We splurged and spent two nights in downtown Louisville. We stayed at The Gant which had an awesome Bourbon bar and another smaller bar with the live gold fish counter bar. We toured a couple of distilleries of the Bourbon Trail. First was the Woodford Reserve distillery. That area is also home to all of the picturesque thoroughbred ranches. Talk about stunning. Perfectly manicured rolling green hills and white fences were seen for miles. What I thought originally were mansions were actually horse stables in the distance. This area has the distillery and horses because of the water. Apparently the lime stone underground creates amazing water qualities of calcium and such. It makes for great horses and bourbon. Works for me! We then took a back stage tour of Churchill Downs, home of the Kentucky Derby. Although it was in off season there were still hundreds of horses there with trainers and staff. That place has so much history. They never shut down for racing even during World Wars I and II. We made it to Maker’s Mark and I was able to seal my own bottle of bourbon with the red wax. You buy a bottle in their store without the seal and they let you dunk it in a pot of red melted wax.  Well worth the trip.
I forgot to mention that before we hit Louisville we spent a day and half cemetery hunting. Charles wanted to locate the grave of his grandfather which was somewhere in Gunlock, IN. This was truly the middle of nowhere and apparently the 20th poorest county in the US. The US has over 3000 counties if that helps paint a picture. After knocking on a bunch of doors and realizing everyone is related to everyone we found the grave. We had to knock on this guy’s door to park in his drive and he led us up a long hill behind his house to the family cemetery. It was extremely overgrown but we did find the head stone. Everyone in the community was super helpful and friendly in our pursuit. It was a great experience, minus the two day downpour and humidity. We tried to take a tour of Fort Knox since we were driving through but we forgot we had a car full of firearms. We had to make a sudden U-turn before we hit the front gate of the base. That would have gone over well I am sure. I would have posted on FB for a fan to come bail us out of jail.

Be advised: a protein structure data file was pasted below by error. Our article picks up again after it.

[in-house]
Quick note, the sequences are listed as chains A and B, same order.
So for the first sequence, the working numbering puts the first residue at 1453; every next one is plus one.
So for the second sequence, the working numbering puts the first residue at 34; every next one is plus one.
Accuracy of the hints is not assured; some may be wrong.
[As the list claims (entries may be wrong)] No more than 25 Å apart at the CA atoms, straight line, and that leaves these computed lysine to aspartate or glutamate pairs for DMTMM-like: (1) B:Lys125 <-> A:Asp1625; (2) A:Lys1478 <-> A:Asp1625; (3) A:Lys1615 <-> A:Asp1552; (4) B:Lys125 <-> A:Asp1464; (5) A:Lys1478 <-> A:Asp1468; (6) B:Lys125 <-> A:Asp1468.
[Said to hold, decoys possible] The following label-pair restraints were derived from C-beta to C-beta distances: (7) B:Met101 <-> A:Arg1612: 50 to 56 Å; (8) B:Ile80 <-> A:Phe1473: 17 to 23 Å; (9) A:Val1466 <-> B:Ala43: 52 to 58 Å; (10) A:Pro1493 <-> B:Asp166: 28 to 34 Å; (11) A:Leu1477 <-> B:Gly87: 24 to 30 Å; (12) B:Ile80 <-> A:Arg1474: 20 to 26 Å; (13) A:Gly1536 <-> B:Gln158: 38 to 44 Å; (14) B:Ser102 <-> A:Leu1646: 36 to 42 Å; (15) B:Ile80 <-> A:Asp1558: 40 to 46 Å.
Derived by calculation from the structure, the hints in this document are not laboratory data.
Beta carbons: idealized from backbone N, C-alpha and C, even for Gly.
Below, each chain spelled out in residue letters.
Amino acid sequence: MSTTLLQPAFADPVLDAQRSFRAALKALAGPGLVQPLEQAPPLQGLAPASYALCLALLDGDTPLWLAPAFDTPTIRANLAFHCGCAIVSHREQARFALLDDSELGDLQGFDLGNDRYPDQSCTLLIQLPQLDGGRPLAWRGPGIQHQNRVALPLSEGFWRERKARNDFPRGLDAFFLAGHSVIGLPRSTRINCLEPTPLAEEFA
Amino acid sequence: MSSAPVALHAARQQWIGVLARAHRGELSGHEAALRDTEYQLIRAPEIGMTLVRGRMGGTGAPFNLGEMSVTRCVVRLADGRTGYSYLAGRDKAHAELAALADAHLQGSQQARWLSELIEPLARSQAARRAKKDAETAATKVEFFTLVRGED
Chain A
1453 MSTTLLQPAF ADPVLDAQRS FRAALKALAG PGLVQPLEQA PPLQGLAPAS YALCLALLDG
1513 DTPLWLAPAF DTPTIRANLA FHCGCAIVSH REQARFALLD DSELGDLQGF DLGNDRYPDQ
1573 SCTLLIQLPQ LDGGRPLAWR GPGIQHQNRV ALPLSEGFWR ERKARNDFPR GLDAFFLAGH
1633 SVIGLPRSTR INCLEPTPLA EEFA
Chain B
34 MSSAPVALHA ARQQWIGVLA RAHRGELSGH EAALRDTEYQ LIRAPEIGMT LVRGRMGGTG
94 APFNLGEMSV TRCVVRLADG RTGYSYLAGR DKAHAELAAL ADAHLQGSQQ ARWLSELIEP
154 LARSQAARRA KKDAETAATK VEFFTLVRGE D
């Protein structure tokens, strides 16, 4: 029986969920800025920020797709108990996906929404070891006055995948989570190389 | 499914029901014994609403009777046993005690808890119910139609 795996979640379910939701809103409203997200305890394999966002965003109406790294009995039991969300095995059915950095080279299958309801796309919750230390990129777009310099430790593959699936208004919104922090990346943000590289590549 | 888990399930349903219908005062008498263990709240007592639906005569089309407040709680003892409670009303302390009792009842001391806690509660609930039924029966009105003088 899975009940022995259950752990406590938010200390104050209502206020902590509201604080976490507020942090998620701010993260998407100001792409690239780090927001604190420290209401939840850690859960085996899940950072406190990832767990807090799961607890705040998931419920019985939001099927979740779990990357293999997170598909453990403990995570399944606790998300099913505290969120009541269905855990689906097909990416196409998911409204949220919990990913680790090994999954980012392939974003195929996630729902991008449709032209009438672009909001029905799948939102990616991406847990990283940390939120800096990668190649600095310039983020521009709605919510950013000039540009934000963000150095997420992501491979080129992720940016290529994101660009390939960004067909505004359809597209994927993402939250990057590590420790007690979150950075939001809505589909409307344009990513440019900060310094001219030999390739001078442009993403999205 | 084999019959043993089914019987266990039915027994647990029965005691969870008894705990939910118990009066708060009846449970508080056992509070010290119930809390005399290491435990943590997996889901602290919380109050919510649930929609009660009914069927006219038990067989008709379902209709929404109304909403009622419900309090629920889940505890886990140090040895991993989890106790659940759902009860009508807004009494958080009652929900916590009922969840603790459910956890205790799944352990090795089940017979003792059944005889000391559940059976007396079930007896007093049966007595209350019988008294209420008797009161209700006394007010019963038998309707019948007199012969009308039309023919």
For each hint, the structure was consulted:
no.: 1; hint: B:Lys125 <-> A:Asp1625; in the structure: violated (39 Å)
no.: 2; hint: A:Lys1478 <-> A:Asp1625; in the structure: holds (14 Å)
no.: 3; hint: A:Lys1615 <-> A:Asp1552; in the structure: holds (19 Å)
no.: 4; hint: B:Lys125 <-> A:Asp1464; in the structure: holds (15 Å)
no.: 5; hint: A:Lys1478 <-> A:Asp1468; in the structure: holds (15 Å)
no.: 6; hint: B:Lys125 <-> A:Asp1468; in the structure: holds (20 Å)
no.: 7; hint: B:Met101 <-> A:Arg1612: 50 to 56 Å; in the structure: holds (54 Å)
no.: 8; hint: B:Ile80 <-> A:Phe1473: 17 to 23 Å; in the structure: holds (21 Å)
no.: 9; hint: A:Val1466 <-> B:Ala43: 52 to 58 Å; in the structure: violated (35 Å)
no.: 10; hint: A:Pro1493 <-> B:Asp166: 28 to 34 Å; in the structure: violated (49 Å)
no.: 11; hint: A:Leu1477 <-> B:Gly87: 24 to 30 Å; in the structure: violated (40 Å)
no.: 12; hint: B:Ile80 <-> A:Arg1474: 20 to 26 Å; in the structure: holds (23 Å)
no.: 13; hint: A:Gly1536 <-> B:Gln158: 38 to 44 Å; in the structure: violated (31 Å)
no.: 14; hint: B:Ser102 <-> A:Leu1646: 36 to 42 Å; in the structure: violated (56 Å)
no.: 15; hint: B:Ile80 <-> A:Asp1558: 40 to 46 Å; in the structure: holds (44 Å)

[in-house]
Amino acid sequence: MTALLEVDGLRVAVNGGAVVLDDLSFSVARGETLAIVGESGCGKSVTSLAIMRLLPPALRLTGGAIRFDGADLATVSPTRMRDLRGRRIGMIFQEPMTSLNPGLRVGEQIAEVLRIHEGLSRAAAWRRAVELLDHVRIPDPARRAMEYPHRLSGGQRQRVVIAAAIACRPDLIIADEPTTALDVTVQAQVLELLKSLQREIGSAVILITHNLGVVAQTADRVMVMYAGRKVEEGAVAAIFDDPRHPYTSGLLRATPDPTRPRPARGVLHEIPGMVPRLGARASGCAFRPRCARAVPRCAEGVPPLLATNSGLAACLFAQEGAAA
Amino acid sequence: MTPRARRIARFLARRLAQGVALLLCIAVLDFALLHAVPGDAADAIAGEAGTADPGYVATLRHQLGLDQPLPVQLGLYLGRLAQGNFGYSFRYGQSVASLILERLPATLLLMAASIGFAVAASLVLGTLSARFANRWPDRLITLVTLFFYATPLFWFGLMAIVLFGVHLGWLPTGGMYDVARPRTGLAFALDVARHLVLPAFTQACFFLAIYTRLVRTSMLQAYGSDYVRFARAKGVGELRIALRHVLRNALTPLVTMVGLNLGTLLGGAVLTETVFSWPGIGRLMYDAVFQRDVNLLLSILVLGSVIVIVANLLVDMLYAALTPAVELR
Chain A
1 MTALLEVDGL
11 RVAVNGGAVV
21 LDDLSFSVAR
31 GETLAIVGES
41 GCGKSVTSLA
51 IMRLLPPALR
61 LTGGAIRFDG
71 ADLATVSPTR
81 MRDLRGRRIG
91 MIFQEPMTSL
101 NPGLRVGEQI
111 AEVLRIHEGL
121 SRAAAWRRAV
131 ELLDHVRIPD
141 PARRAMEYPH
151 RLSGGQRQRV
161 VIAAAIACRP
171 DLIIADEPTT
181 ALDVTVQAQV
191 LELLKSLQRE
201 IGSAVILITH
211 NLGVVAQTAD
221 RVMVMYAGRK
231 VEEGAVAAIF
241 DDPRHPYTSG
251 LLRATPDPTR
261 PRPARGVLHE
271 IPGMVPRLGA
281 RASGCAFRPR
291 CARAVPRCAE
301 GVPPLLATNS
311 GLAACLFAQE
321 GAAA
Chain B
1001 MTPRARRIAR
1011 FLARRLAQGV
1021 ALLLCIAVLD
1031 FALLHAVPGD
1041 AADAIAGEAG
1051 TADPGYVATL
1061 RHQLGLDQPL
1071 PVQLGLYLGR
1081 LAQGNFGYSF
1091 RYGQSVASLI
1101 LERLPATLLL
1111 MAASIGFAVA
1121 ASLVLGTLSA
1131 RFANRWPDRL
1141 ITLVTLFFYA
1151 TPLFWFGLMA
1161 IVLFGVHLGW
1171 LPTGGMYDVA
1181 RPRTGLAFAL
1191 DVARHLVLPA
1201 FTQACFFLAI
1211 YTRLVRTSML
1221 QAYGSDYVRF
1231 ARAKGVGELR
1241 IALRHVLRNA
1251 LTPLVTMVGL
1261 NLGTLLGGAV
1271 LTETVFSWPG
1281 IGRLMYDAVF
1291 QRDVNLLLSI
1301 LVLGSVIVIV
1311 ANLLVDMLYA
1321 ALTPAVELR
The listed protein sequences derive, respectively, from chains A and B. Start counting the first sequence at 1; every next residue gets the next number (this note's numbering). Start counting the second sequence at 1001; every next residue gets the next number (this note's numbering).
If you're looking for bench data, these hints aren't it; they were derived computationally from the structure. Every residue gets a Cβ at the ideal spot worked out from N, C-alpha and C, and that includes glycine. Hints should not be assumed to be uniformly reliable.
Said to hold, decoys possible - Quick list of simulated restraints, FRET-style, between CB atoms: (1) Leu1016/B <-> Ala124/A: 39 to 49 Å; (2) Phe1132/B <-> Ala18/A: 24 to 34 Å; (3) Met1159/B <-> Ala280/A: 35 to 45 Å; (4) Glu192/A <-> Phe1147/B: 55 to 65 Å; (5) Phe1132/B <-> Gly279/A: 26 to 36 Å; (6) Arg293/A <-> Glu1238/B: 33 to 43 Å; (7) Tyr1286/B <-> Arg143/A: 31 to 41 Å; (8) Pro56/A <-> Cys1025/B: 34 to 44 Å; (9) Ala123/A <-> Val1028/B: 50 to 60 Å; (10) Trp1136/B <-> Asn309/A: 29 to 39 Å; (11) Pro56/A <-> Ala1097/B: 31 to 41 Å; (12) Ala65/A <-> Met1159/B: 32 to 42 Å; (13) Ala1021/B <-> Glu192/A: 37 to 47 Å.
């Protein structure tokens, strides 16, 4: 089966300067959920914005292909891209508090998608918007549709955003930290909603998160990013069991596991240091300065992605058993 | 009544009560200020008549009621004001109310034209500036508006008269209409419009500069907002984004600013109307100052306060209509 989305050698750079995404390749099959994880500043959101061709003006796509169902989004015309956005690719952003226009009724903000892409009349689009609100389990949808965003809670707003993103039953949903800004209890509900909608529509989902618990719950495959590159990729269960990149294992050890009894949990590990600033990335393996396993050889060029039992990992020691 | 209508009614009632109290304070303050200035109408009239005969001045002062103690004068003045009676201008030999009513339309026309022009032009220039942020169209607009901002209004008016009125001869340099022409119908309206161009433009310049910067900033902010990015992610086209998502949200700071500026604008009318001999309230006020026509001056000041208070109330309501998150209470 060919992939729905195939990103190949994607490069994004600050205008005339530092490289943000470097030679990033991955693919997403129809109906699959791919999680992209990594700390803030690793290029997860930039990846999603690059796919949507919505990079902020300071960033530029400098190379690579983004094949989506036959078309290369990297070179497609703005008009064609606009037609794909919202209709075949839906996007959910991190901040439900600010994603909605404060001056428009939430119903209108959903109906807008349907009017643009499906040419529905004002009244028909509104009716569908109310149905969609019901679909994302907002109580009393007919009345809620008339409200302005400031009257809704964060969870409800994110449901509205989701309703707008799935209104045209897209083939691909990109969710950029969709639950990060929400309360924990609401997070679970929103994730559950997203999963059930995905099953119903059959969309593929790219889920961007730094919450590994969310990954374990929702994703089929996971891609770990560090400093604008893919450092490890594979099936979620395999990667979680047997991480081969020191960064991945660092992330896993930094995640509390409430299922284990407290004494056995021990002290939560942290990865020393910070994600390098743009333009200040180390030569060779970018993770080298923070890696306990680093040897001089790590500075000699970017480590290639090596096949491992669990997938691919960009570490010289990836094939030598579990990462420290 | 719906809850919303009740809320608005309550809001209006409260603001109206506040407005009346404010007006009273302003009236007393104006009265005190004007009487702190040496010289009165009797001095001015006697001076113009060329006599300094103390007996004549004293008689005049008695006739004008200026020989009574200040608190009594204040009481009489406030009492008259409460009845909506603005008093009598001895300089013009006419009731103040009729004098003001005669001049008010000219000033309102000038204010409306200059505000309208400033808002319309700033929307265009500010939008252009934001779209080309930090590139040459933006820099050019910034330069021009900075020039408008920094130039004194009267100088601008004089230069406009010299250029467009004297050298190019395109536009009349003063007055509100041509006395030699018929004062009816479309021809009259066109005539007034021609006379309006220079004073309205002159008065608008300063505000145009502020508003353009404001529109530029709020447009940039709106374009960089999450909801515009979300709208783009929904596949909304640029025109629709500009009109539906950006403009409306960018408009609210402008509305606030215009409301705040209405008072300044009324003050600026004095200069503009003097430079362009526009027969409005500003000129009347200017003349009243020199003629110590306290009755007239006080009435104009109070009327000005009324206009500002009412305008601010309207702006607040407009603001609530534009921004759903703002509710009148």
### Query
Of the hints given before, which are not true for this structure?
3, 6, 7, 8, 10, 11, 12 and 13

We finally made it home last Sunday of Labor Day weekend. If I can help it I hope to not step foot in the FJ for a while. I also hope to not eat out at a restaurant anytime soon. Good thing we live downtown. I can walk everywhere for what I need.

My tally of interesting tidbits of the trip;
Over 6000 miles driven. 4 gallons of windshield washer (we killed every bug in the Midwest). 2 suicidal birds in the windshield. A dozen windshield chips. Midwest humidity sucks. Many bourbon tastings. Home owners in KY are crazy about their lawns. Over 1000 rounds were shot in competitions. Midwest food and drink prices are cheap! 4 live radio interviews. Over 25# of powder purchased. “Several” bottles of bourbon purchased. Grave hunting. Bullets and brass purchased. Over 100 meals in restaurants/fast food joints. Turned away from Fort Knox. Blocked in traffic by a PT boat(Yes on land) First Waffle House experience. First White Castle experience. One very creepy hotel experience. Did I mention bourbon?